CB: I’ll ignore the possible copycat of a North Face ad. Moving away from the America pride ads of previous years, the newly named Fiat Chrysler Automobiles (FCA) goes with a global celebration of driving the world in a Jeep. Oddly they do it using a poor song choice about the grandeur of America, “This Land Is Your Land.” It’s a beautifully shot ad for sure, but it lacks the connection of prior big image, big messages of Chrysler and Dodge Super Bowl ads over the years. Feels like Jeep got short changed on this attempt of emotional connection. The end tagline also needs some clarity. It’s not memorable: “The World is a Gift. Play Responsibly”

Dodge Challenger Hellcat “Widsom” | #DodgeWisdom

MB: Does it get any cooler than centenarians talking about the lessons they’ve learned in life and then – BOOM – in comes the 2015 Dodge Challenger SRT Hellcat. This was my favorite ad of the game.

CB: The first half of this commercial kept you guessing who was the marketer. Dodge mixes it up with a message about learning from our elders. It was an interesting spot that I guess was trying to find some connection to their current campaign that reaches back to the Dodge brothers; though, no mention of the brothers. There was just a nod to the experience age gives us, perhaps that’s what they were going for.

Chevrolet Colorado 4G LTE “TV Blackout” tricks all of us

MB: Most brilliant ad was the one that Chevrolet used to highlight its 4G LTE service in its vehicles. The picture cut out as though your TV went blank, and then the phrase – in white letters – “What if your TV went out?” came on screen. Chevy cleverly says “You could stream it in your Colorado”. This one’s impact isn’t going to be the same watching it online versus in real-time, but definitely clever. Kudos to the ad agency who came up with this one.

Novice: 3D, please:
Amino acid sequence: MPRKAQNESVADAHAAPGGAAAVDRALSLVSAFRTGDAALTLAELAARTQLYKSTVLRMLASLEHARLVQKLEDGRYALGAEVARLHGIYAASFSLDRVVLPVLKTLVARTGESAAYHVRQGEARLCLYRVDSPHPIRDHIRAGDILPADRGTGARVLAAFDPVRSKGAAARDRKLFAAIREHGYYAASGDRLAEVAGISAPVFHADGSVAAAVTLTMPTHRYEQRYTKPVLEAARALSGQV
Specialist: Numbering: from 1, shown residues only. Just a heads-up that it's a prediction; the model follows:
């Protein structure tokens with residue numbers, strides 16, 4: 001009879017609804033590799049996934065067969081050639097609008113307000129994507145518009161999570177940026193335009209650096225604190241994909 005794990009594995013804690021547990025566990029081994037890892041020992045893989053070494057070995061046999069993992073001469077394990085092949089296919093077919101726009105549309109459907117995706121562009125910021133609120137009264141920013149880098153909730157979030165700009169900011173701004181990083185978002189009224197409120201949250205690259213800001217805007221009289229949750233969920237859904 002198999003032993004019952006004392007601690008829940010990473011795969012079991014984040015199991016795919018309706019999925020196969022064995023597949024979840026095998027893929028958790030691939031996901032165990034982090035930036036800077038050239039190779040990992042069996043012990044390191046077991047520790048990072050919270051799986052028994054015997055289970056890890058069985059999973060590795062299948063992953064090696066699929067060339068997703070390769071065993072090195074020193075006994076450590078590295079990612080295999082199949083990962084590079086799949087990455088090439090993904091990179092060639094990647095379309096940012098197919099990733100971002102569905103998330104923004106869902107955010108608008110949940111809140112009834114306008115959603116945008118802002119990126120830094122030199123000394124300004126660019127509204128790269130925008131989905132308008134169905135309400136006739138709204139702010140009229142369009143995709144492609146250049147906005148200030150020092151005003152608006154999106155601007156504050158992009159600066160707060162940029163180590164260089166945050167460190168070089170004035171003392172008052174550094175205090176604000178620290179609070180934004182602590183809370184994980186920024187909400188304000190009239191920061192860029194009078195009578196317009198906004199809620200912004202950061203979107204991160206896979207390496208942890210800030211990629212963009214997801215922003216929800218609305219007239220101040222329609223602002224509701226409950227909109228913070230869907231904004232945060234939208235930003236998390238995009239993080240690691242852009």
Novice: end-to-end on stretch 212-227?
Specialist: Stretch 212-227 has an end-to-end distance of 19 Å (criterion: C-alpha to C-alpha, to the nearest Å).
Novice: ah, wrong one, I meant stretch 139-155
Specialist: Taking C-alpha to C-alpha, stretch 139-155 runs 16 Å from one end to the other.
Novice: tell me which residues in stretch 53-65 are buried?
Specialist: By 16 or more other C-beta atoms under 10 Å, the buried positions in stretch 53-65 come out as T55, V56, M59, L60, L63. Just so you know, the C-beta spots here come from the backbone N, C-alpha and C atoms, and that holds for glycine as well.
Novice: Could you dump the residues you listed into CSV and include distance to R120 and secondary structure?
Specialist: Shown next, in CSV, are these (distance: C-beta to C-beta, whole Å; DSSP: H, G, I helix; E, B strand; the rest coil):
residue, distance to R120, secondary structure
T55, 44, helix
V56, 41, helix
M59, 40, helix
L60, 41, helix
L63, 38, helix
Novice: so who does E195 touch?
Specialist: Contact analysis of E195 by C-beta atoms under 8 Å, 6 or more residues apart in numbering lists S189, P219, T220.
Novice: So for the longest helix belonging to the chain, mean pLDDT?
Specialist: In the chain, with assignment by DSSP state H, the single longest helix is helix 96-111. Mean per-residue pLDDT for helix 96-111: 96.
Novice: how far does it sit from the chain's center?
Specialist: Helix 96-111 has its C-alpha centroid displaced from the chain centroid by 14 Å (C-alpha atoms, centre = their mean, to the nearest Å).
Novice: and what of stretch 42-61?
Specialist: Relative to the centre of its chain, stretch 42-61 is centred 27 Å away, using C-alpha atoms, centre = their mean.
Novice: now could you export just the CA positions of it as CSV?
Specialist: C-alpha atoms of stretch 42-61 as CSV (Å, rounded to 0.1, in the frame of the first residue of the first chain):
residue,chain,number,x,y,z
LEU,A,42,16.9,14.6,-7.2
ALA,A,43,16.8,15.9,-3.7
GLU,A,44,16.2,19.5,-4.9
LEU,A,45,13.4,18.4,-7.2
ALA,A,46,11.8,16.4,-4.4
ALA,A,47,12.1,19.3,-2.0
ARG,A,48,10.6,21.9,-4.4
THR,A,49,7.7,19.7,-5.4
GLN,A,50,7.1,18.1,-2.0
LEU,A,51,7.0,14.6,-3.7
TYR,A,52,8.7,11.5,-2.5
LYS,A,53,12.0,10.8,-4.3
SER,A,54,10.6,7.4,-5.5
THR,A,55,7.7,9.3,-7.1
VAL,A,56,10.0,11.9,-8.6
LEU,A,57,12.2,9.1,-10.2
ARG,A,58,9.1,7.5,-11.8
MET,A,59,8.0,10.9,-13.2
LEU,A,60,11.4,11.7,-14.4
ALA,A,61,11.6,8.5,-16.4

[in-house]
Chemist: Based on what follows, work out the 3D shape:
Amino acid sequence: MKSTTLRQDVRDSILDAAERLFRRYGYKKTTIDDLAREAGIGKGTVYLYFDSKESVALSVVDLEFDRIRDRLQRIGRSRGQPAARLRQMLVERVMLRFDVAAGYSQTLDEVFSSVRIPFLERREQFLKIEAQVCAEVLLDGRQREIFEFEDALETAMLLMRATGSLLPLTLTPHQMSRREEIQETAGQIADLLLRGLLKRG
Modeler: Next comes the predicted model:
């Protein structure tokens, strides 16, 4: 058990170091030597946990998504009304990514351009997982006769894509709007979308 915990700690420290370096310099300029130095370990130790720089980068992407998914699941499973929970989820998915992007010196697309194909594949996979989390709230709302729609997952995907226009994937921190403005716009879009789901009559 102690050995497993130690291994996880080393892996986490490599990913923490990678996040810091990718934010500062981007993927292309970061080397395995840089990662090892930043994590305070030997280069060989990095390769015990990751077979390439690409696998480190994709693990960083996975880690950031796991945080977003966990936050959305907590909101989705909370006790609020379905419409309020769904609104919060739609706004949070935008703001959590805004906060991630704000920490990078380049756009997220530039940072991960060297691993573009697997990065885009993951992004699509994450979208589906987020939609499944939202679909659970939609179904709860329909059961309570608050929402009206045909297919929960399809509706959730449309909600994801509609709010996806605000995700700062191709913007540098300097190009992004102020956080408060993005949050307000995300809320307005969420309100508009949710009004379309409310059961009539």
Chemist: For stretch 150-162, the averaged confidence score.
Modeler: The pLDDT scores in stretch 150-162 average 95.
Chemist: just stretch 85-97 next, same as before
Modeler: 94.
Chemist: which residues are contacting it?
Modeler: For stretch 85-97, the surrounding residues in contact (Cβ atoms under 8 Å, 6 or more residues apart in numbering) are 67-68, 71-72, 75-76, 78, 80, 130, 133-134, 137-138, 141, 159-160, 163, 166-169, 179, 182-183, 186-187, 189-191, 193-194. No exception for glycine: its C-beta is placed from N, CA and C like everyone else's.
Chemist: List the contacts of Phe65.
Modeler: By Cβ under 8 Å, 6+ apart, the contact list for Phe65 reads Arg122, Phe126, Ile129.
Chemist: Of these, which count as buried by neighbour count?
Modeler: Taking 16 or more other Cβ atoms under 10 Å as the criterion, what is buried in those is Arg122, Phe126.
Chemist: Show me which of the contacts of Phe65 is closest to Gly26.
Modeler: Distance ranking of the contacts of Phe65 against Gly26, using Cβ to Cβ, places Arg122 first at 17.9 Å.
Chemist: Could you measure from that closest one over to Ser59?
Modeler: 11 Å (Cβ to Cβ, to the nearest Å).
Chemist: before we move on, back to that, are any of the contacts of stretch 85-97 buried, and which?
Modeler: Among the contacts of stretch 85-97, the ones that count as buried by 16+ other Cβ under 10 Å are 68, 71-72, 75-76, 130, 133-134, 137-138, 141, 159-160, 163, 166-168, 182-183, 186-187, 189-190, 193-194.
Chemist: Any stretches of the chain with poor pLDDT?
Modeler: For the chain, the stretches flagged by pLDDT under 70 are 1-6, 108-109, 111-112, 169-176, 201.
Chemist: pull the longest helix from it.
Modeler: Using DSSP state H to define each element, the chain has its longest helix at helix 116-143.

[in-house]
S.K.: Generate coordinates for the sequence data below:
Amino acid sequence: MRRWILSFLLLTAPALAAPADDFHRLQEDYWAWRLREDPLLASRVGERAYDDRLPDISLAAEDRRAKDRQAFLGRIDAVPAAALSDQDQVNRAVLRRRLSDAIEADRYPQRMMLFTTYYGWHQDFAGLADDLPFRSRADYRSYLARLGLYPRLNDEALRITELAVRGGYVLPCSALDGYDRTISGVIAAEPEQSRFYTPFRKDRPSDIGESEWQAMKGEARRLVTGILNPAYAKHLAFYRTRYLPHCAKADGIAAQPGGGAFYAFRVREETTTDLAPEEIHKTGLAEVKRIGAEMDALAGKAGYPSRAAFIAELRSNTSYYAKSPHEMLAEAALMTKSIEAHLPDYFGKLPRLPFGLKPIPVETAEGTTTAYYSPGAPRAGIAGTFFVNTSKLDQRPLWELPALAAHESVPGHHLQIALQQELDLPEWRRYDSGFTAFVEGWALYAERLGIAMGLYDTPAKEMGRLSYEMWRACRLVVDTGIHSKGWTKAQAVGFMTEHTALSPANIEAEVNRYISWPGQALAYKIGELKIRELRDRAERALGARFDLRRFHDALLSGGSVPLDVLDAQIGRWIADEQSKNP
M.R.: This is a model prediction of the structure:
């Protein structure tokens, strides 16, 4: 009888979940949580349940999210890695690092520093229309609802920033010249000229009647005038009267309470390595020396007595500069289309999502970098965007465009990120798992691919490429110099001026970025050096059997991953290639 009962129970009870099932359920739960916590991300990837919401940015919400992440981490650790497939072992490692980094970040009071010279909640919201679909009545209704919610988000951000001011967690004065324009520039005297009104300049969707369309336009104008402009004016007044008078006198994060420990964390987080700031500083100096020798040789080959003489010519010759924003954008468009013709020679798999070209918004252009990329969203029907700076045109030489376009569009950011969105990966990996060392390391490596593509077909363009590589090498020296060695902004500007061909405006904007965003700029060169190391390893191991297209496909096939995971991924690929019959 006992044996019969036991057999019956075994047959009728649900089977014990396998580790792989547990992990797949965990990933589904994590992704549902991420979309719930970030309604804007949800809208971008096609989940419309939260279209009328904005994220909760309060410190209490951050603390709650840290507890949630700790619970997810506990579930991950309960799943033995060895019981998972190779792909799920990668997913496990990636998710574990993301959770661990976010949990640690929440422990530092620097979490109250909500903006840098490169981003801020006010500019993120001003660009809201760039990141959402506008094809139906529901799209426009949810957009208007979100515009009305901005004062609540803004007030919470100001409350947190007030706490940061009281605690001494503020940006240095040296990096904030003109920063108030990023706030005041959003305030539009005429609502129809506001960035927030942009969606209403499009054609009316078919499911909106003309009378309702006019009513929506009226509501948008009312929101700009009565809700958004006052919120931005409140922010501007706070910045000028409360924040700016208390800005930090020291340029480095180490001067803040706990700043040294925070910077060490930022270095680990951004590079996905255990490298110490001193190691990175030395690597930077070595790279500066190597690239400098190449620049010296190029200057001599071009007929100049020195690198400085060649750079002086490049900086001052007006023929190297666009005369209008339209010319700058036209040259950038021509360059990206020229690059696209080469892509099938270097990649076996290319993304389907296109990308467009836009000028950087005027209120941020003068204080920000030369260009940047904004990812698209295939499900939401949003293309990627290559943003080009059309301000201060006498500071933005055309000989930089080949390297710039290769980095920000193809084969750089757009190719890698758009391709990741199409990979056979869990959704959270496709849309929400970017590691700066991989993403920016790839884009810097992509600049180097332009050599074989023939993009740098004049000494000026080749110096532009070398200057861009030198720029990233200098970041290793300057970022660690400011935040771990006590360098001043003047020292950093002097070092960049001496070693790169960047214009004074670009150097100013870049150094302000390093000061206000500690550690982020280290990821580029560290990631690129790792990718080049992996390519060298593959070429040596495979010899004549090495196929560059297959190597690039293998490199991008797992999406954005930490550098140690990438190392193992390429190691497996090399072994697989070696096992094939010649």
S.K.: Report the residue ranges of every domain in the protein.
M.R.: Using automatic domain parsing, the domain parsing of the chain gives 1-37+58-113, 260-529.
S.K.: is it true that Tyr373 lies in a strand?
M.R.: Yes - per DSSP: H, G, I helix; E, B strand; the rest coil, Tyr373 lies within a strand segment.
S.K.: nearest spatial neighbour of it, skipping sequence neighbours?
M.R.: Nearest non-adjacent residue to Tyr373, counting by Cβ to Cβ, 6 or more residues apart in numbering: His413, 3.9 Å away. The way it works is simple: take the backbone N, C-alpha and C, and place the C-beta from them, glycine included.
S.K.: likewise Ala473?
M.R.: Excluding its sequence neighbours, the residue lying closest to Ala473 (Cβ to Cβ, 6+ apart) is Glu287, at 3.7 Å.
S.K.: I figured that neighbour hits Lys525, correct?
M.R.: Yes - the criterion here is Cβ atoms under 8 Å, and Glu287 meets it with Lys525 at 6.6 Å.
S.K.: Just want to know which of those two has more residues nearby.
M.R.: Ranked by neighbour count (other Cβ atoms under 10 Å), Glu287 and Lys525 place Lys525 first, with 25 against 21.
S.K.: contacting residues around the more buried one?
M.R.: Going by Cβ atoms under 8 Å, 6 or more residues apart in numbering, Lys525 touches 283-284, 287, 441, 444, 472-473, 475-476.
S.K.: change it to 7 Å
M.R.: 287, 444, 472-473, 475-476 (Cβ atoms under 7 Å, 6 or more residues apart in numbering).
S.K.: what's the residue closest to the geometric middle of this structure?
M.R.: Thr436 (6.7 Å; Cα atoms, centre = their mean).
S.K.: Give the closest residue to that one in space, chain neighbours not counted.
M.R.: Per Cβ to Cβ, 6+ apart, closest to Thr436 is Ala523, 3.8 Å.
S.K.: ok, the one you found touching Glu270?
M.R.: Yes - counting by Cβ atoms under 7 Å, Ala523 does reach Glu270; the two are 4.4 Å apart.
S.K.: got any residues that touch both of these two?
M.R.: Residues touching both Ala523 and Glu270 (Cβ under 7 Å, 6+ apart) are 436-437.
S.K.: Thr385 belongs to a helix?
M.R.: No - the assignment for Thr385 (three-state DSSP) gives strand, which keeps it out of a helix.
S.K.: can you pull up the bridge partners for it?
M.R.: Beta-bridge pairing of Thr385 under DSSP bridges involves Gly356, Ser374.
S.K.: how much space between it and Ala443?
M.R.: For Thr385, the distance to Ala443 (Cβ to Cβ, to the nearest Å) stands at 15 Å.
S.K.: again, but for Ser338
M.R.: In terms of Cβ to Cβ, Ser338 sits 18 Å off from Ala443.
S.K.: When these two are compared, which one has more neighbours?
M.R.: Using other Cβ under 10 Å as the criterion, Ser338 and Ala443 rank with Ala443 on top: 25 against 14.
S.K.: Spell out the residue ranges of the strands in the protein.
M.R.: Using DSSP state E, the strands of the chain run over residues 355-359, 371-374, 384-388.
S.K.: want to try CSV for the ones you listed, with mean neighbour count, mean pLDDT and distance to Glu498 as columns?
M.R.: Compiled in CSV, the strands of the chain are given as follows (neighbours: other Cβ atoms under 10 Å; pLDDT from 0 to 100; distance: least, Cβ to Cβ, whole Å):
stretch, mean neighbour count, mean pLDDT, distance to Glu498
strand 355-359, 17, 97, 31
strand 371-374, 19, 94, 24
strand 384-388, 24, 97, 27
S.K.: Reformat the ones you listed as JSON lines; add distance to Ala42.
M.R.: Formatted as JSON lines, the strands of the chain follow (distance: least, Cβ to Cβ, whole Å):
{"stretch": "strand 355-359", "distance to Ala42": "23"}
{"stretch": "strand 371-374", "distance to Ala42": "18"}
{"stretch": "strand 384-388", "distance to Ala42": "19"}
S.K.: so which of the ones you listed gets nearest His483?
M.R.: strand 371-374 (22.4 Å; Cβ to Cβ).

CB: Chevy got everyone’s attention right as the game started. Faking a cable outage didn’t really win a lot of fans. Many shared on Twitter how ticked off they were at the brand. On the other hand it was an attention getter that made you sit up and wonder what was going on. Score one for Chevy for getting everyone’s attention.

FCA Fiat 500x “Blue Pill” | #500X

MB: Hilariously European as always, Fiat introduces its new, “bigger, stronger and ready-for-action” 500x in a way that – let’s say – probably resonates with the majority of Super Bowl viewers. It’s also a bit of a play on the ubiquity of male enhancement drug ads aired during regular sports programming.